The Biden administration plans to impose fees of $900 to $1,500 on every excess ton of methane emissions from oil and gas companies, marking the first federal pricing mechanism on greenhouse gas pollution. The proposed fees, part of a comprehensive strategy to reduce methane emissions, are the second phase of new restrictions, with the EPA also requiring companies to detect and fix methane leaks.

A new study by Monterey Bay Aquarium researchers reveals that sea otters' presence along the central coast led to increased kelp forest canopy, compensating for losses in northern and southern California. The research emphasizes the importance of conserving and recovering southern sea otters as a nature-based solution for restoring kelp forests along the coast.

Chile and Palau have become the first countries to ratify the UN High Seas Treaty, a landmark conservation agreement aimed at protecting international waters. The treaty, adopted last year after nearly two decades of negotiations, mandates the conservation and management of marine life in areas beyond national jurisdictions, addressing threats from overexploitation, deep-sea mining, overfishing, and pollution in the high seas.

Global tobacco use has significantly declined, with one in five people smoking in 2022 compared to one in three in 2000, according to the World Health Organization. The drop is notable, especially given ongoing efforts by the tobacco industry to influence global health policies.

Video doorbell company Ring has announced it will no longer facilitate law enforcement requests for users' footage, shutting down a tool criticized for threatening privacy. While law enforcement agencies can still request footage on the Ring app, users now need to share the footage directly with departments (previously, the company, in partnership with hundreds of law enforcement agencies, allowed them to download footage directly from users).

A groundbreaking fertility achievement offers hope for the critically endangered northern white rhino, with scientists achieving the world's first IVF rhino pregnancy — despite initial success, the surrogate mother tragically died from a bacterial infection 70 days into the pregnancy. The project aims to save the northern white rhino, of which only two remain, by repeating the procedure, ultimately hoping to preserve the species.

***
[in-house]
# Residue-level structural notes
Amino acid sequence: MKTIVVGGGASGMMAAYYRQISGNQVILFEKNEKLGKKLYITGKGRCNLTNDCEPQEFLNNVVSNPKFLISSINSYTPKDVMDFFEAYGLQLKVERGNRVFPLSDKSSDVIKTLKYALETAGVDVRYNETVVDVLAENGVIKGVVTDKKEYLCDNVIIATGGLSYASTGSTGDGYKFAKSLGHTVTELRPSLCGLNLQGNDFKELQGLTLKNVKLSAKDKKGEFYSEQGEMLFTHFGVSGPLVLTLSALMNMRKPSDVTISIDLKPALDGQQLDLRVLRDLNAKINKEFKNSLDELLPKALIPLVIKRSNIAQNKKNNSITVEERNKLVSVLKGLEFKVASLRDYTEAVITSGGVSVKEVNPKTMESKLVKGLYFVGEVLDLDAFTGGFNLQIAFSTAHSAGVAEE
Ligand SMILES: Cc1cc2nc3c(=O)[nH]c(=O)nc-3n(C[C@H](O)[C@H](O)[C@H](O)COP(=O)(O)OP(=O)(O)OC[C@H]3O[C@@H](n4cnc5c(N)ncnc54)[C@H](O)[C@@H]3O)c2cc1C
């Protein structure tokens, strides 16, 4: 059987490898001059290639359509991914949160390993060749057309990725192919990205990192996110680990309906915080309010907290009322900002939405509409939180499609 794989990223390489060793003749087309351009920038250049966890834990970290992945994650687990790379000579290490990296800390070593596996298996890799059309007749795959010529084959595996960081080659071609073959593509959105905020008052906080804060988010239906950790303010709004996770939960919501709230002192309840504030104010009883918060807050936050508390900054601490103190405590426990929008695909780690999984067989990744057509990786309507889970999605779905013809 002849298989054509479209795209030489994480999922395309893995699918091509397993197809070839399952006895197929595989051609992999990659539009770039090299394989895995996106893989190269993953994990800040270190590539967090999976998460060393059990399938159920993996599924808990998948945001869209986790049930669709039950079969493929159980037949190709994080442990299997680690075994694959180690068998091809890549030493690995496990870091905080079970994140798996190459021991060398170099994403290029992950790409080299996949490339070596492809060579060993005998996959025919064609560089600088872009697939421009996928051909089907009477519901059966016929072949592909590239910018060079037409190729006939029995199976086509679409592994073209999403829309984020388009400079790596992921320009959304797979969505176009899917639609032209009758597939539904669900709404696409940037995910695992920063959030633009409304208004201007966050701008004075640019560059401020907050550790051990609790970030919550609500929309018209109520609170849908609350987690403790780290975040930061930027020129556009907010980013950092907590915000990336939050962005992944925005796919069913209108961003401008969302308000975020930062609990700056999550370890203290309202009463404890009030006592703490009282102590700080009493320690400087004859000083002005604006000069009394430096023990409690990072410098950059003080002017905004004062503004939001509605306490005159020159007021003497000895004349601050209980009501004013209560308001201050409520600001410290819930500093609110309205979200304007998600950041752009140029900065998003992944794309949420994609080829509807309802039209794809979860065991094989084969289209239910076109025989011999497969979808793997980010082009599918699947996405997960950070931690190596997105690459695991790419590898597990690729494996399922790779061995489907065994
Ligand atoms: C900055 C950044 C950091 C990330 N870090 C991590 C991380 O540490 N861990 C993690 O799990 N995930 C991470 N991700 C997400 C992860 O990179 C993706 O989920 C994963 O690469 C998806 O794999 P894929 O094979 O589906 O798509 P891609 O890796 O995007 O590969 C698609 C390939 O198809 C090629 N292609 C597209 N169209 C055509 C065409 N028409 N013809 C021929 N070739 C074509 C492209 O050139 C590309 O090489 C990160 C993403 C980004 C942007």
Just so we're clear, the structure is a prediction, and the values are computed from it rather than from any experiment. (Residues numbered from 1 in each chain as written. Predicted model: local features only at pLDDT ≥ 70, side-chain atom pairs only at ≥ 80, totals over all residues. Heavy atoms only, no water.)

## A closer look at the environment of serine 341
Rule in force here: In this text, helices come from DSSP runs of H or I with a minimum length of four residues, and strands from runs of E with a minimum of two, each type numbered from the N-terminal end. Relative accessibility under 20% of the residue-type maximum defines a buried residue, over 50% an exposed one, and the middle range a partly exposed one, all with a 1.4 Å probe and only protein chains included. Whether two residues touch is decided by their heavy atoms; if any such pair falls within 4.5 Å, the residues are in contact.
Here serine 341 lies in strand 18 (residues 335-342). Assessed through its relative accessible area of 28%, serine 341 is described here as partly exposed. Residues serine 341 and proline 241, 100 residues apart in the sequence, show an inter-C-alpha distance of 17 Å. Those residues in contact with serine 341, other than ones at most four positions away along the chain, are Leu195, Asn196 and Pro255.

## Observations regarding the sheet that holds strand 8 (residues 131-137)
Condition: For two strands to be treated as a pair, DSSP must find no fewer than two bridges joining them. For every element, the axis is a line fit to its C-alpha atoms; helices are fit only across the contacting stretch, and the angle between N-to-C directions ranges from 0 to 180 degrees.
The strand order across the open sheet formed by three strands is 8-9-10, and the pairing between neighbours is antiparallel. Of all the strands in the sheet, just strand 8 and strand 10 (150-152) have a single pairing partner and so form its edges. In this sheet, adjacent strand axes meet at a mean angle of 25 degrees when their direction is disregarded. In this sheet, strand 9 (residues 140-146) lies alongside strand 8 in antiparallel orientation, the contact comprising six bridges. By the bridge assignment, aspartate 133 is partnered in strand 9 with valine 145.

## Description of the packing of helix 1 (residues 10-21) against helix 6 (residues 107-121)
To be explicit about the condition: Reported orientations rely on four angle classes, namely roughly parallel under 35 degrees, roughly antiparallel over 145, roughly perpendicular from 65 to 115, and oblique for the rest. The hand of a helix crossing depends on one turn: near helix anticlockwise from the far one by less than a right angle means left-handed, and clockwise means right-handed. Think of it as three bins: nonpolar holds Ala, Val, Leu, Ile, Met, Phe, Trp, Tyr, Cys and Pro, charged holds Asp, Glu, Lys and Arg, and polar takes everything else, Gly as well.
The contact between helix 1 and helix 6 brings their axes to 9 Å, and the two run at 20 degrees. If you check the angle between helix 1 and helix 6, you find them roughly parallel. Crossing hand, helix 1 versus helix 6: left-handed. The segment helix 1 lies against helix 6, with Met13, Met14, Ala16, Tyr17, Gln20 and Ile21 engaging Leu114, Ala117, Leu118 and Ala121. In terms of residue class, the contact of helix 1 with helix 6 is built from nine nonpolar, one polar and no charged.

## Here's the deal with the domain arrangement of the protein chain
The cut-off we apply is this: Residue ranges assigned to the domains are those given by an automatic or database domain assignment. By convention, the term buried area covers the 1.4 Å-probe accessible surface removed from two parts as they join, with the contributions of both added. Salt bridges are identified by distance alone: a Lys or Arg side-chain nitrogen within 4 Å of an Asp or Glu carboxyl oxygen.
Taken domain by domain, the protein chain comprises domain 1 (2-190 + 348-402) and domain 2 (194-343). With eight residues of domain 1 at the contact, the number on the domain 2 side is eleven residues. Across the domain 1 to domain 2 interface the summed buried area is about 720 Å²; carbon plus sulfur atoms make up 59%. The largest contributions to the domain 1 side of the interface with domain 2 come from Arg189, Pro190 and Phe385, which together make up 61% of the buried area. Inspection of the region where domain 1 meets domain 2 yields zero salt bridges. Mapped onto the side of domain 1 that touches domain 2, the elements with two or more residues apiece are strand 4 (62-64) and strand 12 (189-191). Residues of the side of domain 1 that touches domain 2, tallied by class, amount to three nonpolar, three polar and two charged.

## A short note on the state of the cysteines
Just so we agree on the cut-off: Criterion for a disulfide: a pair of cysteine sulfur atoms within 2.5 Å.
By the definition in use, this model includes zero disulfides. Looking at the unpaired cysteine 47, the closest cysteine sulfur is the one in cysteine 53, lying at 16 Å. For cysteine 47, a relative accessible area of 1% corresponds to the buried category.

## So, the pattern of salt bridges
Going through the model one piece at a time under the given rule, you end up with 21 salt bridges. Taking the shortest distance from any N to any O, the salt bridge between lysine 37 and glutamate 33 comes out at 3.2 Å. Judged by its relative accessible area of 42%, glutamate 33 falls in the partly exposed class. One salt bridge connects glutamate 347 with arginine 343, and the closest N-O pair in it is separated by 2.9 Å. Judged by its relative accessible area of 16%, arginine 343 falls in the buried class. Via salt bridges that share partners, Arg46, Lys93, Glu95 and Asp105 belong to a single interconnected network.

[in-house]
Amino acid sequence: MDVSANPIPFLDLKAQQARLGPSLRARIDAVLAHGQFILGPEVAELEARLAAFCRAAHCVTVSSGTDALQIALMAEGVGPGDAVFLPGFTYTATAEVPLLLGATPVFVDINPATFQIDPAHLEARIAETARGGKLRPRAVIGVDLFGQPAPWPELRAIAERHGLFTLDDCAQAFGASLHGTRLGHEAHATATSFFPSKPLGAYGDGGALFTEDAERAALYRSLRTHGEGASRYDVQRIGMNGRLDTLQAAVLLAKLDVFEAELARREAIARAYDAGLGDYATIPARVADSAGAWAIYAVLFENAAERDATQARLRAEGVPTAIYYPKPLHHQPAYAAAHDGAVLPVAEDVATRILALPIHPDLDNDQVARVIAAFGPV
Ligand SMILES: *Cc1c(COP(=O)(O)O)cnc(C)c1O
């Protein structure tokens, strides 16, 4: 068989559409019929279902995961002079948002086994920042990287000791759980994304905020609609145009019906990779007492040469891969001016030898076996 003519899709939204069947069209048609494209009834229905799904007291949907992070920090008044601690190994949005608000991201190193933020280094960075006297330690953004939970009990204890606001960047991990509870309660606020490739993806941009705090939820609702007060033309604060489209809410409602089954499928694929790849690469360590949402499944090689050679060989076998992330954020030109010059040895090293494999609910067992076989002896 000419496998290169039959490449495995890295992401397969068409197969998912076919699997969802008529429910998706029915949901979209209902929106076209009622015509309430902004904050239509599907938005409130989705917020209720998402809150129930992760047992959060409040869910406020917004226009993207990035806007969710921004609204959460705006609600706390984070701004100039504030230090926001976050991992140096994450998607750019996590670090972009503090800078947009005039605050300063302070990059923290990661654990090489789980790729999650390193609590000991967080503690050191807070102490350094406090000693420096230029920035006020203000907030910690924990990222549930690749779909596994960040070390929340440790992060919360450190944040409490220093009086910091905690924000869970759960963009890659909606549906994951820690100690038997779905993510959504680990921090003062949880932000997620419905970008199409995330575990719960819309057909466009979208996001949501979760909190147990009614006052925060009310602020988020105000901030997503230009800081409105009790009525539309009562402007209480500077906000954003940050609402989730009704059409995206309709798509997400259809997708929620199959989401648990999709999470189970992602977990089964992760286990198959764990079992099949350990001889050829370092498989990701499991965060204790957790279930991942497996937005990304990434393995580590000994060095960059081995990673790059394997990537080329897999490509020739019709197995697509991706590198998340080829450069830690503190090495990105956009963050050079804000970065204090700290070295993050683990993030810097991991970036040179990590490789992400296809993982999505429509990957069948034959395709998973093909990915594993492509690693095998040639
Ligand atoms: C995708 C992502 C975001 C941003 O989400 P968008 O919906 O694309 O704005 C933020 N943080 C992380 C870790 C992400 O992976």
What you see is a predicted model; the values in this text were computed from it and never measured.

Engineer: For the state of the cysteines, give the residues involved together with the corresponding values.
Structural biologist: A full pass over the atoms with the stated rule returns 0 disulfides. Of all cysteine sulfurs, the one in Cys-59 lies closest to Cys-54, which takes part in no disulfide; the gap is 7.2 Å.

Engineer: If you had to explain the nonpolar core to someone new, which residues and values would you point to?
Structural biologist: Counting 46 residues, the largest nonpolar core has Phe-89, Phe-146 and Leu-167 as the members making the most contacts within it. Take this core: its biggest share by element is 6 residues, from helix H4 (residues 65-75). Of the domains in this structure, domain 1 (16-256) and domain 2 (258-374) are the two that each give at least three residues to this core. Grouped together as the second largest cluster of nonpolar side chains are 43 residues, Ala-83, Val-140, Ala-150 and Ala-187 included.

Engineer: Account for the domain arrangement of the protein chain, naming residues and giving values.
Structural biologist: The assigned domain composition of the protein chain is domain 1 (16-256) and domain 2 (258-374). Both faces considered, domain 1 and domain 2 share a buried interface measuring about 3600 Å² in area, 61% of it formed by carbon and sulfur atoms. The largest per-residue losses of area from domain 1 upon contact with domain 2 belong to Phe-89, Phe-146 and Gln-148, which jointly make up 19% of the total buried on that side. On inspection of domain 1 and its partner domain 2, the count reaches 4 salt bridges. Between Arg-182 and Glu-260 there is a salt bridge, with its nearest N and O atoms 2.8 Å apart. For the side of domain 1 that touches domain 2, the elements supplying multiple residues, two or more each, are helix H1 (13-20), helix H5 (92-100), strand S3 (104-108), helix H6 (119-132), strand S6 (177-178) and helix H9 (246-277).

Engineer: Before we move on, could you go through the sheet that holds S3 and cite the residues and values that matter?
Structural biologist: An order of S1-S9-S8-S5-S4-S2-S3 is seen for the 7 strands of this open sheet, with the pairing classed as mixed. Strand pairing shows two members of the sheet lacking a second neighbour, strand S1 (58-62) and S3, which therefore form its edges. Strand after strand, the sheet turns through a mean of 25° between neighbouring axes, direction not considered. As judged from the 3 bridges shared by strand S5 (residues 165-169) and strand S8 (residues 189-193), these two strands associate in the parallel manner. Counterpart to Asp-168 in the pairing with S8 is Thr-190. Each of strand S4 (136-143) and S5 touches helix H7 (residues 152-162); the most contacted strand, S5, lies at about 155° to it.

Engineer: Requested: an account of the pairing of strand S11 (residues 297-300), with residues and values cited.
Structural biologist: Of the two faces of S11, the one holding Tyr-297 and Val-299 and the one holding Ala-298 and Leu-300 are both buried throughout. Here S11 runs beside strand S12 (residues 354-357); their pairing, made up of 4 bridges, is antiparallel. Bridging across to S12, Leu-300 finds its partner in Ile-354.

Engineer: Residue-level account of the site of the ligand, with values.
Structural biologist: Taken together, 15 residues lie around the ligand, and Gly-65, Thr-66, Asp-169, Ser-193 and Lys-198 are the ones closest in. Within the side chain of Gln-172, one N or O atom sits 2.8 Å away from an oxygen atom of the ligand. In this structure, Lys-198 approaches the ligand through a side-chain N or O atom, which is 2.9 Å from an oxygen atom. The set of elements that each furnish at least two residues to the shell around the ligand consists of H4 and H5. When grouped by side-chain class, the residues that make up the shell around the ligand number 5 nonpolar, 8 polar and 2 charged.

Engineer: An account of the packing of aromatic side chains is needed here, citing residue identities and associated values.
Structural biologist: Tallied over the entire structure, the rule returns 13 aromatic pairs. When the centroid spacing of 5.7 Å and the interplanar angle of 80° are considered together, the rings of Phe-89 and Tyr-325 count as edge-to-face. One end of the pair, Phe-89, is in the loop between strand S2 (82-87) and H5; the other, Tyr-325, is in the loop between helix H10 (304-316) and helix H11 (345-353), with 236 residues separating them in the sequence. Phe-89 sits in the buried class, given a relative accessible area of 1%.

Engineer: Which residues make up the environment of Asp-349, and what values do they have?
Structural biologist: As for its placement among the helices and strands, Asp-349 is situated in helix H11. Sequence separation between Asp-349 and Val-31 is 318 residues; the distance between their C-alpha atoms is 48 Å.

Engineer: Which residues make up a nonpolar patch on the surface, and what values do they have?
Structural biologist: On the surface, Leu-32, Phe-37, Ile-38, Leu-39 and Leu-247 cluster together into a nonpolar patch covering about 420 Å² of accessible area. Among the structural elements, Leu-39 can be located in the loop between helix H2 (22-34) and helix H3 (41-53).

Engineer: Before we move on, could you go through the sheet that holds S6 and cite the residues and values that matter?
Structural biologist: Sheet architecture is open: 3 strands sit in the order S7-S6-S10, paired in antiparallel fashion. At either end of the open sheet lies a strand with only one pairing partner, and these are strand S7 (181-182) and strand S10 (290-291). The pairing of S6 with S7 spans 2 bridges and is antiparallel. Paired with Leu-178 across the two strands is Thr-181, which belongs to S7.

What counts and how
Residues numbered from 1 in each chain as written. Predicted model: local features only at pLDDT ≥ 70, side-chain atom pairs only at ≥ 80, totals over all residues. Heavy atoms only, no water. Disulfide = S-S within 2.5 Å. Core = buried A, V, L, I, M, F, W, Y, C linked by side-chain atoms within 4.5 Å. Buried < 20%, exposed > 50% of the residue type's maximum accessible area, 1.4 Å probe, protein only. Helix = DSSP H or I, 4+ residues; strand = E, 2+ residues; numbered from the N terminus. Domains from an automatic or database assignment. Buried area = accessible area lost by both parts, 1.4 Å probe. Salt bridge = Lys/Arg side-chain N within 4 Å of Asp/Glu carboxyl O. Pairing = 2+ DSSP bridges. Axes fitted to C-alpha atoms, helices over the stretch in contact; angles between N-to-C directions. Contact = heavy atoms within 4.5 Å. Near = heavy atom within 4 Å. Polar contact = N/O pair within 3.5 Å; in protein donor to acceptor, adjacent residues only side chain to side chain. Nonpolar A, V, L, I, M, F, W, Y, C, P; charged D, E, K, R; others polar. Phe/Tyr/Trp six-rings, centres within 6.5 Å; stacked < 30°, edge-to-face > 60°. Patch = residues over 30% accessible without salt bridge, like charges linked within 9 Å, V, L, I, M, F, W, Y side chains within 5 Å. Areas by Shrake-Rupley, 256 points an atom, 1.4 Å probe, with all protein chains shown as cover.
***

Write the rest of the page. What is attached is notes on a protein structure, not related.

The largest study of ocean DNA has revealed a significant abundance of fungi living in the twilight zone of the ocean, which could potentially lead to the discovery of new drugs with properties similar to penicillin. The study compiled more than 317 million marine organism gene groups from samples collected during various expeditions, providing insights into the biodiversity of the ocean's twilight zone and potential applications in drug discovery.

Conservationists in Northern California are embarking on a four-year project to restore the population of the federally endangered Behren’s silverspot butterfly. With a $1.5 million grant, the Mendocino Land Trust plans to plant 35,000 early blue violets (the only food source for Behren’s larvae) and collaborate with various agencies to breed and release 600 butterflies as part of the recovery effort.

FEMA plans to use federal funds to install solar panels on schools, hospitals, and other public buildings rebuilt after disasters, aiming to enhance resilience against future calamities and reduce greenhouse gas emissions. The change will apply to structures like schools and hospitals, with FEMA reimbursing 75% of the costs for adding solar panels and other energy-related improvements, such as heat pumps and batteries, while state or local officials would cover the remaining 25%.

The scimitar horned oryx, a species declared "Extinct in the Wild," has been downlisted to endangered, marking the first such success in a global initiative. The conservation effort, coordinated by the Environment Agency of Abu Dhabi and supported by various organizations, reintroduced the oryx to Chad, resulting in a self-sustaining population.

Truck makers are advocating for the development of more charging infrastructure, improvements to the electricity grid, and other measures to support electric or hydrogen-powered trucks. The companies emphasize the importance of government support, pointing out that electric trucks require powerful chargers and upgrades to the grid for widespread adoption.

Scientists have developed a way to recycle single-use plastics using enzymes found in laundry detergents. The chemical recycling process can break down the plastic within 24 hours — which is 84 times faster than industrial methods — and even allows for the production of high-quality reusable materials, offering a possible solution to the environmental challenges posed by plastic waste.

Beauty companies will be required to cover at least 80% of the additional costs for cleaning up microplastic pollution in sewage, according to draft rules agreed upon by the EU. The “polluter pays principle” also introduces requirements to remove nutrients from water, sets standards for micropollutants, and broadens the areas covered by the law.

Article Details

February 3, 2024 5:00 AM
A photo collage of a water tank sign in the outdoors, a portrait image of Dr. Ruth Gottesman, two men removing concrete off the ground, a document from the State of California, and a flatlay image of the Goodnewspaper